“Certainly from a supply standpoint, credit unions, at least our credit union specifically, has plenty of money to lend,” he continued. “Our members continue to bring us savings as they look for safety as they try to leverage their assets in different ways. We try to put that money to work in whatever loan we can. Auto lending has certainly been a focus of ours, as indicated in the survey.
"Those third-party relationships enabling us to have the technology in order to facilitate those transactions makes it much easier for us and gives us a lot of creditability when we go talk to the dealership about why they would want to do business with us," Long went on to say.
Younger consumers turning to credit unions
TransUnion found that in the first quarter of 2016, credit union membership grew at more than three times the rate of credit activity among consumers across other lender types such as regional banks or finance companies.
According to TransUnion data, 25 percent of credit union members in Q1 of this year were millennials. In Q1 2013, millennials made up only 20 percent of credit union membership. Millennial growth for non-credit unions grew at a slower pace, up to 25 percent in Q1 2016 from 23 percent in the first quarter of 2013.
Nidhi Verma, senior director of research and consulting for TransUnion, explained this movement is indicative of credit unions’ strategic focus on millennial growth.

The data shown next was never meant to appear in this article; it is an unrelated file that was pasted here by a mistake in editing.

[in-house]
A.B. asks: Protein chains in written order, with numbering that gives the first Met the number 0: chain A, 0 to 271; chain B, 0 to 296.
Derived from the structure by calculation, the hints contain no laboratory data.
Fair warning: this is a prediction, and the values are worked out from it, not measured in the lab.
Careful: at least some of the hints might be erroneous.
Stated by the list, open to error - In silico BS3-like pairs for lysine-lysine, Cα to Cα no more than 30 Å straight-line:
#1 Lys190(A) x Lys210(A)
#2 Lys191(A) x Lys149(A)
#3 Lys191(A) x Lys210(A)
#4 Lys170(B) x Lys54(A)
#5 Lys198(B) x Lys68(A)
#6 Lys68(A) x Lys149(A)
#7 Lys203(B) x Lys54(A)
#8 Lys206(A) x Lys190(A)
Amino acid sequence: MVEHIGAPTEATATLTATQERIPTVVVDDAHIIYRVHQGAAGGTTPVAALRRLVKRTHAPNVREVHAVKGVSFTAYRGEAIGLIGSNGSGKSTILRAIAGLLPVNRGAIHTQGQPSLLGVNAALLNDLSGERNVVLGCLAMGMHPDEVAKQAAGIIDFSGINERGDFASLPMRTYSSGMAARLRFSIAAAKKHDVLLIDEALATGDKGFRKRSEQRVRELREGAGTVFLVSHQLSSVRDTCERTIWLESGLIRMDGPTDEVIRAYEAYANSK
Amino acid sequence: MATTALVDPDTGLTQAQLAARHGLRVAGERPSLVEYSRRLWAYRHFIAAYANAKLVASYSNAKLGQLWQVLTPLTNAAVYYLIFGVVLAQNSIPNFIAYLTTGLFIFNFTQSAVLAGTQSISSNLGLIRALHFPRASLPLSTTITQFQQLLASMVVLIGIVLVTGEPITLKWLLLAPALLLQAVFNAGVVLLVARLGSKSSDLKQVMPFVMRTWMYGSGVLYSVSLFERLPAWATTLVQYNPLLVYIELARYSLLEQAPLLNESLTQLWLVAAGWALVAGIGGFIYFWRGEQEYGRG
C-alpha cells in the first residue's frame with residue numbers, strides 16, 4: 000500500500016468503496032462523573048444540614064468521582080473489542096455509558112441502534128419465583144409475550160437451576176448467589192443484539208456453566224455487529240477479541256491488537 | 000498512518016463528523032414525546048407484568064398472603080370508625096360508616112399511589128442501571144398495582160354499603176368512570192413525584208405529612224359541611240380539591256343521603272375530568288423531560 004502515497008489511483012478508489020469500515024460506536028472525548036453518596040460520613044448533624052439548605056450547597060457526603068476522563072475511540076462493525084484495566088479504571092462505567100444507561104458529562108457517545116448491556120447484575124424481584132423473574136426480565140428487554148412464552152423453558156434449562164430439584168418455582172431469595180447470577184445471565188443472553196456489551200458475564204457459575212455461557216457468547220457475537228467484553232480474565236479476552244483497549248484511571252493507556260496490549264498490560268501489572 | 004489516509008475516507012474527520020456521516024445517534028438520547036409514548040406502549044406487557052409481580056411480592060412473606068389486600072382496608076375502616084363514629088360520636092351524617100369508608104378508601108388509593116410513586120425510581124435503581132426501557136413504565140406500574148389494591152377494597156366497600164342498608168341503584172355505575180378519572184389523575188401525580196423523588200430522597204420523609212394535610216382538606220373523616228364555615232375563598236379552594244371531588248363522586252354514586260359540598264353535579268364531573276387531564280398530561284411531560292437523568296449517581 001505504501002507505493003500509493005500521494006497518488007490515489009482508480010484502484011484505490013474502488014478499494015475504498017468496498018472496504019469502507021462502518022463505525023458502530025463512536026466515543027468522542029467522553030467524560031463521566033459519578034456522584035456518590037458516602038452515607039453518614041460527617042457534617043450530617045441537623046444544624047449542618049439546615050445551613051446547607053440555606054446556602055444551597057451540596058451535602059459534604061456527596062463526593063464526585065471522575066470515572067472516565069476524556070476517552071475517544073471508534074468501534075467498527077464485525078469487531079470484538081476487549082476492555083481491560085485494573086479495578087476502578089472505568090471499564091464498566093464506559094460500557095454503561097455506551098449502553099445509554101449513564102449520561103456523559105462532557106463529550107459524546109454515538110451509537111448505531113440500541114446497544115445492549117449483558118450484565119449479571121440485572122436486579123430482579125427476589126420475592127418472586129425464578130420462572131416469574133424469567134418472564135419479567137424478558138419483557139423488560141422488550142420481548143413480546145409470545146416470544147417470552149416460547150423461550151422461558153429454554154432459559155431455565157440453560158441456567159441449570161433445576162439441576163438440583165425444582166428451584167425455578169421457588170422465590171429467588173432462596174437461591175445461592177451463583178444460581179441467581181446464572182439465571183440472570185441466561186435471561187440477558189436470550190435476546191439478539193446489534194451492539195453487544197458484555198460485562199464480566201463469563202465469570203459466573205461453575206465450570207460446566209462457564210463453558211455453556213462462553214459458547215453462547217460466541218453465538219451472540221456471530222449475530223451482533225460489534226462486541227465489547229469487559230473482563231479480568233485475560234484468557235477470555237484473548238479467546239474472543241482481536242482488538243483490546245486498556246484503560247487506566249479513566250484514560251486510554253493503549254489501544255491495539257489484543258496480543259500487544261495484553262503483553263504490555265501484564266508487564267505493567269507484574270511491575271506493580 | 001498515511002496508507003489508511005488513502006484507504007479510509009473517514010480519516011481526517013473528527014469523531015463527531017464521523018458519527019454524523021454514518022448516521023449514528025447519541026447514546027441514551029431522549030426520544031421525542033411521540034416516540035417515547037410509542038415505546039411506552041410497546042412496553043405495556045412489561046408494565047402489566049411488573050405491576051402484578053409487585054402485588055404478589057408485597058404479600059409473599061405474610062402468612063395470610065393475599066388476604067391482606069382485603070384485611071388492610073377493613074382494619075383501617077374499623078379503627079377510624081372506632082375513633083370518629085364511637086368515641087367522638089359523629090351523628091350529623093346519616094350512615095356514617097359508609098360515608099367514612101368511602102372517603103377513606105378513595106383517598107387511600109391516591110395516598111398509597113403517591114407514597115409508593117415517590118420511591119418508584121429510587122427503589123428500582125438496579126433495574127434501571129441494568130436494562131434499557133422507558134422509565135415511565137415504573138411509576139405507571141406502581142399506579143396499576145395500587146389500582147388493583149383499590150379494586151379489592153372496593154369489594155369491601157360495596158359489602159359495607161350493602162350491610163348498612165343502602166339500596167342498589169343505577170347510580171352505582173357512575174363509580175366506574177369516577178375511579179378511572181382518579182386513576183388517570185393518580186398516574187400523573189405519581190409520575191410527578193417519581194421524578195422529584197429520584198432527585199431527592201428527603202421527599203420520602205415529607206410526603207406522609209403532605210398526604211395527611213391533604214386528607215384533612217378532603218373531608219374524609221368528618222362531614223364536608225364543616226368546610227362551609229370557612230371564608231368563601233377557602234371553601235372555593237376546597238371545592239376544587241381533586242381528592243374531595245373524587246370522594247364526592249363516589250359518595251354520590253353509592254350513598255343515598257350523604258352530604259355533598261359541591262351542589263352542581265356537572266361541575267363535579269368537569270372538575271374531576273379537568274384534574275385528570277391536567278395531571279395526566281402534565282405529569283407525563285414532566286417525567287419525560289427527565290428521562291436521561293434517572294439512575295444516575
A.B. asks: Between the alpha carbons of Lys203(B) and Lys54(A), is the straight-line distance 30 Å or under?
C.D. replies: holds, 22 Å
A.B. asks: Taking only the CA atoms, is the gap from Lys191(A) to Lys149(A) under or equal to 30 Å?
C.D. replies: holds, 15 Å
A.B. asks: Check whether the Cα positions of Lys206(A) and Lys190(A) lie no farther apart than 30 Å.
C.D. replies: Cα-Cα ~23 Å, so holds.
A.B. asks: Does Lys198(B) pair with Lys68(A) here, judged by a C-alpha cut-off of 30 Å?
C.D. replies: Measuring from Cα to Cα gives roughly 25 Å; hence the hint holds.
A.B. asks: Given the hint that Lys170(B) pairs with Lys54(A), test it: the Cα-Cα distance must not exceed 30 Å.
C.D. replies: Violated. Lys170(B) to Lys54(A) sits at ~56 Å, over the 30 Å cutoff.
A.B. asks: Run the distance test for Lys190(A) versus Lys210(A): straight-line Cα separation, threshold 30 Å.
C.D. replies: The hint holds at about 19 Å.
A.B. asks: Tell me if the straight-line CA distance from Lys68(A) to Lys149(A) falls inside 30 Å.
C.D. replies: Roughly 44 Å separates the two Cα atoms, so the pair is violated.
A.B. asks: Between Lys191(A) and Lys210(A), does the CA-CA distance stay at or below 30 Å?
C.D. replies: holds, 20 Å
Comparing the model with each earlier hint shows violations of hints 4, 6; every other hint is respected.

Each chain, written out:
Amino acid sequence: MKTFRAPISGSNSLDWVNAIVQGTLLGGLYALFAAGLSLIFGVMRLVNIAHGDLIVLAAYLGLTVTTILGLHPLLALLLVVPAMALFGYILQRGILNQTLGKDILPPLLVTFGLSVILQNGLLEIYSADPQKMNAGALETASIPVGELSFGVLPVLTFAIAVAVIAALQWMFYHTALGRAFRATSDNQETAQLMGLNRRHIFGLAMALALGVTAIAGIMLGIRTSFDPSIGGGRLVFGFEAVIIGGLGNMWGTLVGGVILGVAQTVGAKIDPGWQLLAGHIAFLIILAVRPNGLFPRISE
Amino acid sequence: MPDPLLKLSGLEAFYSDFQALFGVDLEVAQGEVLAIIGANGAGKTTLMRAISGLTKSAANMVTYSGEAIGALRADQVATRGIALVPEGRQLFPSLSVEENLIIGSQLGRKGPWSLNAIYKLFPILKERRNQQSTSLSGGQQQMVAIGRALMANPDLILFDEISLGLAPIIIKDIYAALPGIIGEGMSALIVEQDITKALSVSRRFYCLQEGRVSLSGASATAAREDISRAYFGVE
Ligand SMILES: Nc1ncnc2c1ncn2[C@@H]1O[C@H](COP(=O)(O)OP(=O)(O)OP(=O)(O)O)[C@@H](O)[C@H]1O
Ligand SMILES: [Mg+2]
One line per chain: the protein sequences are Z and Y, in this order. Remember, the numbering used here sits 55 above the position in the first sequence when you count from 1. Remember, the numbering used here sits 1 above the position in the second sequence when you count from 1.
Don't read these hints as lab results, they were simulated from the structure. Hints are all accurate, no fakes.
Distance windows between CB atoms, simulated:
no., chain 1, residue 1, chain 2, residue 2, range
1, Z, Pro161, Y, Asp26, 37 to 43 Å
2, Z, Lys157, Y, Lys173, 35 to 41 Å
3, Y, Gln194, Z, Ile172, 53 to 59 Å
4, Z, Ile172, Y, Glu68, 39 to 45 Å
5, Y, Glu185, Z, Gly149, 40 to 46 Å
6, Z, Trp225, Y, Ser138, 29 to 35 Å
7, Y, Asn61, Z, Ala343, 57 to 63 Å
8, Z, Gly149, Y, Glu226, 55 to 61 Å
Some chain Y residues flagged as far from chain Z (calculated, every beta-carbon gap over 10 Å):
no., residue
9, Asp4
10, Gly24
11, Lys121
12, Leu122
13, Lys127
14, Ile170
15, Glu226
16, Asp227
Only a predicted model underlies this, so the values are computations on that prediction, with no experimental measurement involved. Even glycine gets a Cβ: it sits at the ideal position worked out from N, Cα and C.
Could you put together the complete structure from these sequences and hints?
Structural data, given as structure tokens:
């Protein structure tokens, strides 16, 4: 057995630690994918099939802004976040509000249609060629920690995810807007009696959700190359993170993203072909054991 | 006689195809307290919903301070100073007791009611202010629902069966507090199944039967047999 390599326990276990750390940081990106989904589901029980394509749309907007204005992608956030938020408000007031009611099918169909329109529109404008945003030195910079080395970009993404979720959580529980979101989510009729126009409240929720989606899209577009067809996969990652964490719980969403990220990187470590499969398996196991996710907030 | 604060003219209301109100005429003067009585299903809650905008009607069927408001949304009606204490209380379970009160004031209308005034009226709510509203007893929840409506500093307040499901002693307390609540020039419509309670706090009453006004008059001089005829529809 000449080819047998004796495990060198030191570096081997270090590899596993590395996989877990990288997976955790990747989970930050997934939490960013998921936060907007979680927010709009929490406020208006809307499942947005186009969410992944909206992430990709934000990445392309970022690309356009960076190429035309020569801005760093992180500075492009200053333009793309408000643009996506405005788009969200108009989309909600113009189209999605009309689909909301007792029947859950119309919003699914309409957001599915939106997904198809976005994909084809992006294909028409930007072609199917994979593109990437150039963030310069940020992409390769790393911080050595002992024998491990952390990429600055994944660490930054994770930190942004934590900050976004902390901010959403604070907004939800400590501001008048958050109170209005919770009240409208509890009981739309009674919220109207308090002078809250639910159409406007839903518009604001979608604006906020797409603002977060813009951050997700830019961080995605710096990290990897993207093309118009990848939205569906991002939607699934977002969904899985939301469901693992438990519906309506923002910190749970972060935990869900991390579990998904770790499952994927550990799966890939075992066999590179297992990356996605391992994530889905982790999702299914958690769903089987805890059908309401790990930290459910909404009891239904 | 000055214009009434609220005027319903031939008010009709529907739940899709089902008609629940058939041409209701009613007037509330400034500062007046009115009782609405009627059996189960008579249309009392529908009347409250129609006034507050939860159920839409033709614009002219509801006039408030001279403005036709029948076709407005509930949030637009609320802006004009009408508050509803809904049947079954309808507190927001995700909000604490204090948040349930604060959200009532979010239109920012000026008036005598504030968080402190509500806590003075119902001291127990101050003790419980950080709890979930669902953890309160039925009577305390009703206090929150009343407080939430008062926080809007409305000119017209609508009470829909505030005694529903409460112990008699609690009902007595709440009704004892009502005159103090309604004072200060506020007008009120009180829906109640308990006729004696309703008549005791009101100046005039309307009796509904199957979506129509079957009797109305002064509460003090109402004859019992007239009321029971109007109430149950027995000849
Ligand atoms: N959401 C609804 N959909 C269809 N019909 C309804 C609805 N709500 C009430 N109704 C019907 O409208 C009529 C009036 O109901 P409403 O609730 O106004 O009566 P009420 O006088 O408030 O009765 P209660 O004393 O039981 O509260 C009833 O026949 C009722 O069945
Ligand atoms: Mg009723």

“Millennials are an important set of borrowers for credit union growth,” Verma said. “Credit unions are actively building their millennial membership, and in fact have experienced growth in this segment every quarter since 2010.
“Millennials are likely candidates for new mortgages and other credit products as they age, offering credit unions a way to further their market share,” she continued.
The research findings were coupled with a survey of 96 credit union executives, which gathered insights on key industry issues.
The survey revealed that auto loans rank at the top for credit union executives in terms of loan growth, focus and opportunity during the next 12 months.
The survey found that 42 percent of credit union executives reported an overall year-over-year member growth rate higher than 5 percent. In particular, credit union memberships via mortgage origination have increased in recent years. In Q1 2016, credit unions had 3.8 million mortgage members, an increase of 4 percent from 3.67 million in Q1 2015.
Compared to five years ago, credit union mortgage memberships have grown 13 percent from 3.29 million in the first quarter of 2011.
“The data show that credit union membership rates are growing much faster than the overall credit-active population,” Verma said. “Credit union executives are strategically focused on gaining membership growth through mortgage originations, as well as offering products such as credit cards to their existing member base.”